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Album Review Playlist: Volume 3

The Y! Music Playlist Blog

The Album Review Playlist series takes a random group of CDs, pulls a single track from each into a playlist, and includes a mini-review for each album.
Anything is game, and you'll never know what's coming next.

1. "Down On The Ground" - British Sea Power

The newest British Sea Power album Do You Like Rock Music? arrives on February 12th. I've heard an advance copy, and can say with some confidence, that it will be well received. There are two tracks on the Krankenhaus? EP that will appear on the upcoming LP including "Down On The Ground". The album reaches epic Arcade Fire-like heights, and is even better than the EP would have you believe.

The highly influential krautrock band Can is still not well known among the mainstream, but hopefully this 2-disc remastered release of their career-spanning Anthology will help change that.Following a successful remastering series of all 13 Can albums, this compilation  was released on a 2-CD set and via digital download on Mute / Spoon in October.  "Yoo Doo Right" is 20-minute+ must hear track.

The French electronic duo Cassius have finally released 15 Again in the United States after over a year of being on shelves in Europe. If you're a fan of Daft Punk, LCD Soundsystem or Air this is a release you simply cannot miss. Even though it's 15 years into the career of the duo, it's better late than never.
To continue, there is more French electronic music hitting American shores on March 4. Mlle Caro & Franck Garcia will be releasing the album Pain Disappears as the first release on the new Buzzin' Fly label started by Ben Watt. The first (and best) track on the new release "Always You" is available on YMU via the Always You EP. It's a blissful downtempo number that really highlights the band's strengths, although the drums on the full-length are a bit too uninspired for my tastes.

26-year old Swede Jens Lekman has released his second full-length in North America to much critical acclaim. It's a sensitive, abundantly orchestrated affair that fans will love. Somewhere between Burt Bacharach and Beck, Night Falls Over Kortedala
is a record that may strike you as overly sappy or absolutely brilliant.

Five For Fighting's first live recording Back Country - Live is now available on DVD, CD or as a DVD/CD combo pack. It was recorded live in Orlando, Fl and the DVD includes films from charities supported by John Ondrasik's What Kind Of World Do You Want? video site. The tender singer-songwriter is in fine form here, and the collection would make a fine Christmas gift for the 54F fan in your life.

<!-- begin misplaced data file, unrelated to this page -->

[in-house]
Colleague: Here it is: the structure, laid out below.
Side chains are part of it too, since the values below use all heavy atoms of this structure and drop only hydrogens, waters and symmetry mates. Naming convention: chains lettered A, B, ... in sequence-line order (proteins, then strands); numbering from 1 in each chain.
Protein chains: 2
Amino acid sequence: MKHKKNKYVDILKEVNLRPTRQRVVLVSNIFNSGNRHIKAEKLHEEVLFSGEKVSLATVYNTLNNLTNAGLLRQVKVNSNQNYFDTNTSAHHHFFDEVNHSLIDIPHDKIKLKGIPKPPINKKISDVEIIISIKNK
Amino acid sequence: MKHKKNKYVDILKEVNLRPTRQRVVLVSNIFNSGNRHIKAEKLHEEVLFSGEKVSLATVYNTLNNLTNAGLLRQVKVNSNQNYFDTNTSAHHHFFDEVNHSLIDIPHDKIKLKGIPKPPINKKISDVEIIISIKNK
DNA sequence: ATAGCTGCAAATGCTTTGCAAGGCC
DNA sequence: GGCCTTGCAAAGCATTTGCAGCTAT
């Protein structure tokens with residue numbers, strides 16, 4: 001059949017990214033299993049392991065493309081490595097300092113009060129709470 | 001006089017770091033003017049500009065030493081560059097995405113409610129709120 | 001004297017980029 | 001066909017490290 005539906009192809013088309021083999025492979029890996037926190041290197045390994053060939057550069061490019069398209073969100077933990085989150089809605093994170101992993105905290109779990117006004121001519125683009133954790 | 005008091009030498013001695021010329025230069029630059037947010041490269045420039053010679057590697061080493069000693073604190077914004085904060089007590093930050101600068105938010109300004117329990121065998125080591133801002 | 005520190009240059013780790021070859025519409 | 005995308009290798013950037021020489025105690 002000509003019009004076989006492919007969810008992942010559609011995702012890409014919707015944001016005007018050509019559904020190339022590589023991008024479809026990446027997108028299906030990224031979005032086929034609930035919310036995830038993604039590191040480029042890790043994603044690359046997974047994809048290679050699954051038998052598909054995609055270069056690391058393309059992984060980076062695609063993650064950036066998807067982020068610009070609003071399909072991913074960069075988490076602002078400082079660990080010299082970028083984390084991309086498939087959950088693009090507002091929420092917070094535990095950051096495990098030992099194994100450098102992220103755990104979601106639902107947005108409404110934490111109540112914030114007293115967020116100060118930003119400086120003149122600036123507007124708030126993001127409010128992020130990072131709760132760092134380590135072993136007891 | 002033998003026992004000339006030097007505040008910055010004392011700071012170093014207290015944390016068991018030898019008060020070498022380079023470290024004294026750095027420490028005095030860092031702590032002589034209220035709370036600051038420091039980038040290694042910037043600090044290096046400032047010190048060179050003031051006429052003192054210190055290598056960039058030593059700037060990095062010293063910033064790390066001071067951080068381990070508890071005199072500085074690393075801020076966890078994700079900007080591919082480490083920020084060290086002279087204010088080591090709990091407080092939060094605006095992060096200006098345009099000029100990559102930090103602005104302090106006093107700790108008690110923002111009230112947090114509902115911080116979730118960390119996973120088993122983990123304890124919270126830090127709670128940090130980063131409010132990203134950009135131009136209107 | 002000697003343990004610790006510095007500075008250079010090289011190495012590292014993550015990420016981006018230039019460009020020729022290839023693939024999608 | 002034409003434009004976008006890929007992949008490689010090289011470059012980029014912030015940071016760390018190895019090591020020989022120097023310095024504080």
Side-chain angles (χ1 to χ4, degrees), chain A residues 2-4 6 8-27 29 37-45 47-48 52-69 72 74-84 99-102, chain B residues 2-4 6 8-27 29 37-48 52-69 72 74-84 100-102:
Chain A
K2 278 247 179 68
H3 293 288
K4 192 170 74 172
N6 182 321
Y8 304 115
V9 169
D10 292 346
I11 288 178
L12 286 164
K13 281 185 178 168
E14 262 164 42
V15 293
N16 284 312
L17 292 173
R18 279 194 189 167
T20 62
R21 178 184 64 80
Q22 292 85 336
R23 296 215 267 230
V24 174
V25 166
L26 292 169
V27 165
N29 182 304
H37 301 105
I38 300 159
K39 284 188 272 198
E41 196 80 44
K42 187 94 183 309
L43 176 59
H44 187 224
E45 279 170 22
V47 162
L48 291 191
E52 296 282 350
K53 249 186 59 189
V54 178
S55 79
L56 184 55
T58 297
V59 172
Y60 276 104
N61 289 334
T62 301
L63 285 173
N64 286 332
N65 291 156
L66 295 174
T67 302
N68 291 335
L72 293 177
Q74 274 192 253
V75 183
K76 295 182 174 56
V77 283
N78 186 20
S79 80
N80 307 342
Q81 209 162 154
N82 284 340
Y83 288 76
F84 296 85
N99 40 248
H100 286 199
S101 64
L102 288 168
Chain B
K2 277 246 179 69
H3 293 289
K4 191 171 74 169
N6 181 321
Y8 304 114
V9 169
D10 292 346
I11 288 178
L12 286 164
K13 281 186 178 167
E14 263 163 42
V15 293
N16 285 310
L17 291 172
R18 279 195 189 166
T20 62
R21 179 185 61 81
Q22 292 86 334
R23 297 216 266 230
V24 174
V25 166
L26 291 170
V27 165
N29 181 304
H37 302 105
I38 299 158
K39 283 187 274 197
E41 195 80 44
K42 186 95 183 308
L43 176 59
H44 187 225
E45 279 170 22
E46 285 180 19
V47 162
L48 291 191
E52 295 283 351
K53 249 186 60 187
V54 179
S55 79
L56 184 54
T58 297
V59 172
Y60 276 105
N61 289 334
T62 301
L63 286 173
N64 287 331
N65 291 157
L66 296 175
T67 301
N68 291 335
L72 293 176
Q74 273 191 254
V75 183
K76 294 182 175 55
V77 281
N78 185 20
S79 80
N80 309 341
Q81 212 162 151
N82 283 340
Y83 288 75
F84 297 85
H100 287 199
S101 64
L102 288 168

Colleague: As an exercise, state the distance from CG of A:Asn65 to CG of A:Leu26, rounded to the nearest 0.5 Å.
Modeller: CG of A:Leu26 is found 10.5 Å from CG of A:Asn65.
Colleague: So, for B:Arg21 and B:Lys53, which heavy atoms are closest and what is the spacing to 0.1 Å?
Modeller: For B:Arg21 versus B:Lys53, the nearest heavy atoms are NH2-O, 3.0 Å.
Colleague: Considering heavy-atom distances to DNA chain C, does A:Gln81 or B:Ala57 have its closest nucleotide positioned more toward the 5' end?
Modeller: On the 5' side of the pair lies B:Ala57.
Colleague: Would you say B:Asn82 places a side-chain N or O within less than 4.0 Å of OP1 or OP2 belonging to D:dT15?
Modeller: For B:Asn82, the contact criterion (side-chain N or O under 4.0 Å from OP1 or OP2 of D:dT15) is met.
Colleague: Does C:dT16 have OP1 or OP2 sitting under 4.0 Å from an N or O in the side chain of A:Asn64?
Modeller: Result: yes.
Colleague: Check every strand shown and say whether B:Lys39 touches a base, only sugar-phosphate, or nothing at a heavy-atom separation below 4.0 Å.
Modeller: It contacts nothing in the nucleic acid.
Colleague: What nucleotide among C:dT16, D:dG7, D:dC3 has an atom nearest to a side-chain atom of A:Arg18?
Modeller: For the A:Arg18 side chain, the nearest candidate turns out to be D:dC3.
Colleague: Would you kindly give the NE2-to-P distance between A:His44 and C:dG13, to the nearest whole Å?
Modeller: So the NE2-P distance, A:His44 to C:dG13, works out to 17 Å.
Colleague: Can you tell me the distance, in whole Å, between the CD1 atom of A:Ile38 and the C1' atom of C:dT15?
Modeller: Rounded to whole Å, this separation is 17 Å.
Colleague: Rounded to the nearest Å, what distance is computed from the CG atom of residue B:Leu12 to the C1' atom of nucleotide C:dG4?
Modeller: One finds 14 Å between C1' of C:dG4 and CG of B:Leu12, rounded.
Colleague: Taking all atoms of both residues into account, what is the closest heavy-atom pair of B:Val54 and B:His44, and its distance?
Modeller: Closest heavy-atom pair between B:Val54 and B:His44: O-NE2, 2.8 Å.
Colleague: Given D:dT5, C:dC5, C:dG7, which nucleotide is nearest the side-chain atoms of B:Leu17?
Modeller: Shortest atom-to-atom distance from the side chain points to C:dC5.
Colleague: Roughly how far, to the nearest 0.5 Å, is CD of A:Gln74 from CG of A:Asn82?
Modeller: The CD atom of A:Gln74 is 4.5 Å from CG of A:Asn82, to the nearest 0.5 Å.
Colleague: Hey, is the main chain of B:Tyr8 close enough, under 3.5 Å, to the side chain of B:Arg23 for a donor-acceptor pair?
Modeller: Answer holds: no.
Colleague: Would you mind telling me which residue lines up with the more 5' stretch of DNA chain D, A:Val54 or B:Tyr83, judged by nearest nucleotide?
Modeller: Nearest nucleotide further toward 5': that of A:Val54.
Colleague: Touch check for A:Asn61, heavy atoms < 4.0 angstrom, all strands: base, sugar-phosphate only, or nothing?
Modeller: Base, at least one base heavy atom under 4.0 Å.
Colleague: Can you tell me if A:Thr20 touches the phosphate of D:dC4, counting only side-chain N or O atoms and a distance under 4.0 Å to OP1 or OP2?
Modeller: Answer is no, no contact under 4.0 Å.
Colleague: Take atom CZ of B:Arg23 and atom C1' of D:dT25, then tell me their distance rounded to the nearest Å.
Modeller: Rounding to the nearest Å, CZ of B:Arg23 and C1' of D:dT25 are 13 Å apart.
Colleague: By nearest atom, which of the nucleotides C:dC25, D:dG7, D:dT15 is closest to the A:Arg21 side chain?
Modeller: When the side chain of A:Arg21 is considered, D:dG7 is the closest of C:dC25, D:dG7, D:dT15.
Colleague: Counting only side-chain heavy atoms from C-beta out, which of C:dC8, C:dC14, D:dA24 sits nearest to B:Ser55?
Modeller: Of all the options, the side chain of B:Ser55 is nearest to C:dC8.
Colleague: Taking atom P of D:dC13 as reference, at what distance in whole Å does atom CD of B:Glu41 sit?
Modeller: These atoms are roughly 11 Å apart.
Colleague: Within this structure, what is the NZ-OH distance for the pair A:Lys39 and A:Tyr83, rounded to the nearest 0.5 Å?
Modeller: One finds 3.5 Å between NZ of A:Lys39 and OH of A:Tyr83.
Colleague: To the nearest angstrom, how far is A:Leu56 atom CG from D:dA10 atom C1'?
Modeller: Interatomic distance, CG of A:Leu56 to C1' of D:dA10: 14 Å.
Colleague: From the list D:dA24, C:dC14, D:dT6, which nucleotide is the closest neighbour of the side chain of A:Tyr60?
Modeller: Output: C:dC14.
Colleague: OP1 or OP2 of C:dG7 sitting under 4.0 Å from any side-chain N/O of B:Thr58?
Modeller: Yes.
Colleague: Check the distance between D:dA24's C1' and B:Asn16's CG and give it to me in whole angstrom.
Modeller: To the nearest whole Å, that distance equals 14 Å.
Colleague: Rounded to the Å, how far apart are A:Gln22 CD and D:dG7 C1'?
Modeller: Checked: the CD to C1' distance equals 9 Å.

7. "Poor Old Dirt Farmer" - Levon Helm

Many are hailing Dirt Farmer as the comeback of the year, and I completely agree. Helm is a legend, as any fan of The Band would attest, but when he was diagnosed with throat cancer in the 90s many thought it was the end. Well, he beat the cancer at the cost of his vocal chords, but has worked to regain his voice. Dirt Farmer is his first solo release since 1982 and it's sounds like he hasn't missed a beat. Cancer be damned! You need to pick this Grammy nominated album up ASAP if you haven't already.

There is officially no sophomore slump for Beruit. If you liked the debut, you'll flip over The Flying Club Cup. It has a ton of buzz for a very good reason. It's a great album. And if you dig melancholic croon with a touch of cabaret, put this one in your own stocking, or add it to your Christmas list.

9. "Into A Swan" - Siouxsie Sioux

I have loved Siouxsie Sioux since the beginning, and it's hard to believe she's still going at 50, nevermind releasing something as good a MantaRay. This is Siouxsie's first solo album without the Banshees and this although record got me listening to all my old Siouxsie and the Banshees records, it also  has won me over on it's own merits.

10. "Slow Me Down" - Emmy Rossum

The chances of me hating the music of a actress-turned-pop star are extremely high. And although the debut album by actress Emmy Rossum on Geffen is indeed not my cup of tea, it's not the standard regurgitated, plastic pop so prevalent today. Sure it's over-processed and over-produced, but her voice is more in line with Enya than Britney. And that's a good thing.

11. "Trouble Shot" - Mike Ladd

Mike Ladd's 2004 European-only release Nostalgialator is finally getting an US release on the Definitive Jux label. Before MP3 this would be big news as it meant not having to pay large import prices, today not so much, but if you haven't heard this critically acclaimed album or have been waiting for a US release to buy the disc, you'll get your chance on January 15th.

Over two years in the making, Tusk's The Resisting Dreamer is really a single 37-minute song split into 4 tracks and sung with guest vocalists due to the absence of original vocalist Jody Monnoch. Walking the line between metal and dream pop,  The Resisting Dreamer is an infinitely interesting listen whose grating tendencies are smoothed over just enough to hold your ear.

13. "With My Own Bare Hands" - Ween

Ween released their 11th full-length album, La Cucaracha back in October. "With My Own Bare Hands" is an exceptionally vulgar track, that rocks hard and combines bad language and Ween's razor sharp wit. As with most Ween albums, La Cucarachca doesn't take itself seriously, and is absolutely pointless to review.

Some good friends of mine were married at the French Huguenot church in Charleston, S.C. This was my only contact with the Huguenots until now. The band "The Huguenots" are not French and disbanded some time ago, but Hydra Head Records has now issued this compilation of the band. An avant-punk outfit with energy to spare.

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